A: According to a PCRM article, written by Dr. Neal Barnard, MD, “because blood sugar levels are high in diabetes, a common notion has held that eating sugar somehow triggers the disease process. The American Diabetes Association and Diabetes UK have labeled this notion a “myth,” as has the Joslin Diabetes Center, which wrote, “Diabetes is not caused by eating too much sugar.” Type 1 diabetes is an autoimmune disease. Type 2 diabetes—the most common form of the disease—is caused by insulin resistance and pancreatic failure. Sugar can play an aiding and abetting role in diabetes, but the idea that “eating sugar causes diabetes” is simplistic and interferes with efforts to help the public understand the actual causes of the disease and how to protect themselves and their families.”In Japan, China, and other Asian countries, the transition from traditional carbohydrate-rich (e.g., rice-based) diets to lower-carbohydrate Westernized eating habits emphasizing meats, dairy products, and fried foods has been accompanied by a major increase in diabetes prevalence. Similarly, in the United States, a meat-based (omnivorous) diet is associated with a high prevalence of diabetes, compared with dietary patterns emphasizing plant-derived foods.” Check out these resources for more answers: Forks Over Knives – Dr. Neal Barnard on Diabetes – In this 2:34 minute video Dr. Neal Barnard explains how carbohydrates are not the issue with diabetes, fat is. Diabetes and the Fat Connection – In this 5 minute video Dr. Greger discusses how the “twin vicious cycles” explain how the buildup of fat in the cells of our muscles, liver, and pancreas causes type 2 diabetes, which explains why dietary recommendations for diabetics encourage a reduction in fat intake.
Q: Will eating a high carb, low fat plant-based diet make you gain weight?
A: According to Dr. John McDougall, MD, “A widely held belief is that the sugars in starches are readily converted into fat and then stored unattractively in the abdomen, hips, and buttock. Incorrect! And there is no disagreement about the truth among scientists or their published scientific research. After eating, the complex carbohydrates found in starches, such as rice, are digested into simple sugars in the intestine and then absorbed into the bloodstream where they are transported to trillions of cells in the body in order to provide for energy. Carbohydrates (sugars) consumed in excess of the body’s daily needs can be stored (invisibly) as glycogen in the muscles and liver. The total storage capacity for glycogen is about two pounds. Carbohydrates consumed in excess of our need and beyond our limited storage capacity are not readily stored as body fat. Instead, these excess carbohydrate calories are burned off as heat (a process known as facultative dietary thermogenesis) or used in physical movements not associated with exercise.” Check out these resources for more answers: Fat or Carbs: What is Worse? – In this blog post Dr. McDougall, MD, responds to an article which concluded that consuming fat is better for your health than carbs. People – Not Their Words – Tell “The Carbohydrate Story” – In this newsletter Dr. McDougall explains how many of the healthiest and trimmest populations in the world consume a diet primarily made up of carbohydrates. People Passionate about Starches Are Healthy and Beautiful – In this newsletter piece, Dr. McDougall explains how the body utilizes healthy carbohydrates vs. fat, and how the process dietary thermogenesis of carbohydrates helps keep people slim.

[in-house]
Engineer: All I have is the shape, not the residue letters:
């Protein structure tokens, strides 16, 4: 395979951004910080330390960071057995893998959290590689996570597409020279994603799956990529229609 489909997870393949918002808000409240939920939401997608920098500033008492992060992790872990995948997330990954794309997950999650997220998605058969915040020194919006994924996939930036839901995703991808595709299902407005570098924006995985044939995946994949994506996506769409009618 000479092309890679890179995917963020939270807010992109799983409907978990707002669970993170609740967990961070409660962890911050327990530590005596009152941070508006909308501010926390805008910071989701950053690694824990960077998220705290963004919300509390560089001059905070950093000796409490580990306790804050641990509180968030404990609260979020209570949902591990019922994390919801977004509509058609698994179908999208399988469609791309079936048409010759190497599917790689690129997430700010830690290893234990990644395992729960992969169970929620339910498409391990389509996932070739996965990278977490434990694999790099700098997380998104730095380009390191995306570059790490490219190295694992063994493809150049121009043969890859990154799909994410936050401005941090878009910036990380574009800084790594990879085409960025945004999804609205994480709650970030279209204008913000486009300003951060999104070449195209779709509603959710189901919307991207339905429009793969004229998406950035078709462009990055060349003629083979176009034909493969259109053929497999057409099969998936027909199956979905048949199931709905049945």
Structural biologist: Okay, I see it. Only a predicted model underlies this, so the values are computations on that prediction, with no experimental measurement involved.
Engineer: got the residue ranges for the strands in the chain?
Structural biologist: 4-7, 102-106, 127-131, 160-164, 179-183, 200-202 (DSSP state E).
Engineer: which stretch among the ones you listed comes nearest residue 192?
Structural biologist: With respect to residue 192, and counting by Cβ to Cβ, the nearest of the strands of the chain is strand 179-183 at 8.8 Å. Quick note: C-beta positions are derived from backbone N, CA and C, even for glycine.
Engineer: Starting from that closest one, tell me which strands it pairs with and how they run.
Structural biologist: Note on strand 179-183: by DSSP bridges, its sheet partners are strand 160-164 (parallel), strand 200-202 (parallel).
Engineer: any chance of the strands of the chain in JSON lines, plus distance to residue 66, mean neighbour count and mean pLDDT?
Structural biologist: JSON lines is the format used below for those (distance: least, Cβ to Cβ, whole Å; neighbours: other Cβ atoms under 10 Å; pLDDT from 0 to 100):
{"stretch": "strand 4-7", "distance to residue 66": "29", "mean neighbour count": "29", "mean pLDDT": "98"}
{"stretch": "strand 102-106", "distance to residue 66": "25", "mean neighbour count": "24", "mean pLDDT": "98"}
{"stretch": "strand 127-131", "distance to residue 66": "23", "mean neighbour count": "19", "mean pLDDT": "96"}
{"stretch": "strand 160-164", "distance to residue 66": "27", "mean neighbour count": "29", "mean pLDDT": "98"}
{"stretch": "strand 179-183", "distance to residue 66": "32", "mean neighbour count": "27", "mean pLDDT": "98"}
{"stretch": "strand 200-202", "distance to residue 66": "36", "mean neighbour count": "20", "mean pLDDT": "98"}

Q: You take vitamin supplements, so you are all set – right?
A: Wrong, the answer is plants, not pills, to obtain our vitamins and minerals. According to Dr. McDougall, MD, “people are looking for a magic bullet to offset all their destructive habits and fix the resulting bad health. One superficial solution for 70% of people in the USA is to take supplements of vitamins and mineral blends. These concentrated mixtures enter our bodies by way of pills, nutrition bars, “health” drinks, and cereals. “Vitamania” intoxicates the modern world. Vitamin manufactures do not improve upon nature’s design. Vitamins and minerals are found in natural packages called fruits and vegetables. These nutrient-rich foods have been under development for hundreds of millions of years. Their interactions with living animals have been tested and proven correct over eons of successful living. Possibly thinking they are smarter than Nature (God), lab technicians now take selected nutrients from their original environments, isolate and concentrate them, package them in capsules, and then sell them to us with claims that these “new and improved” potions are necessary for good health. At best the results are medications, and at worst, they are poisons.”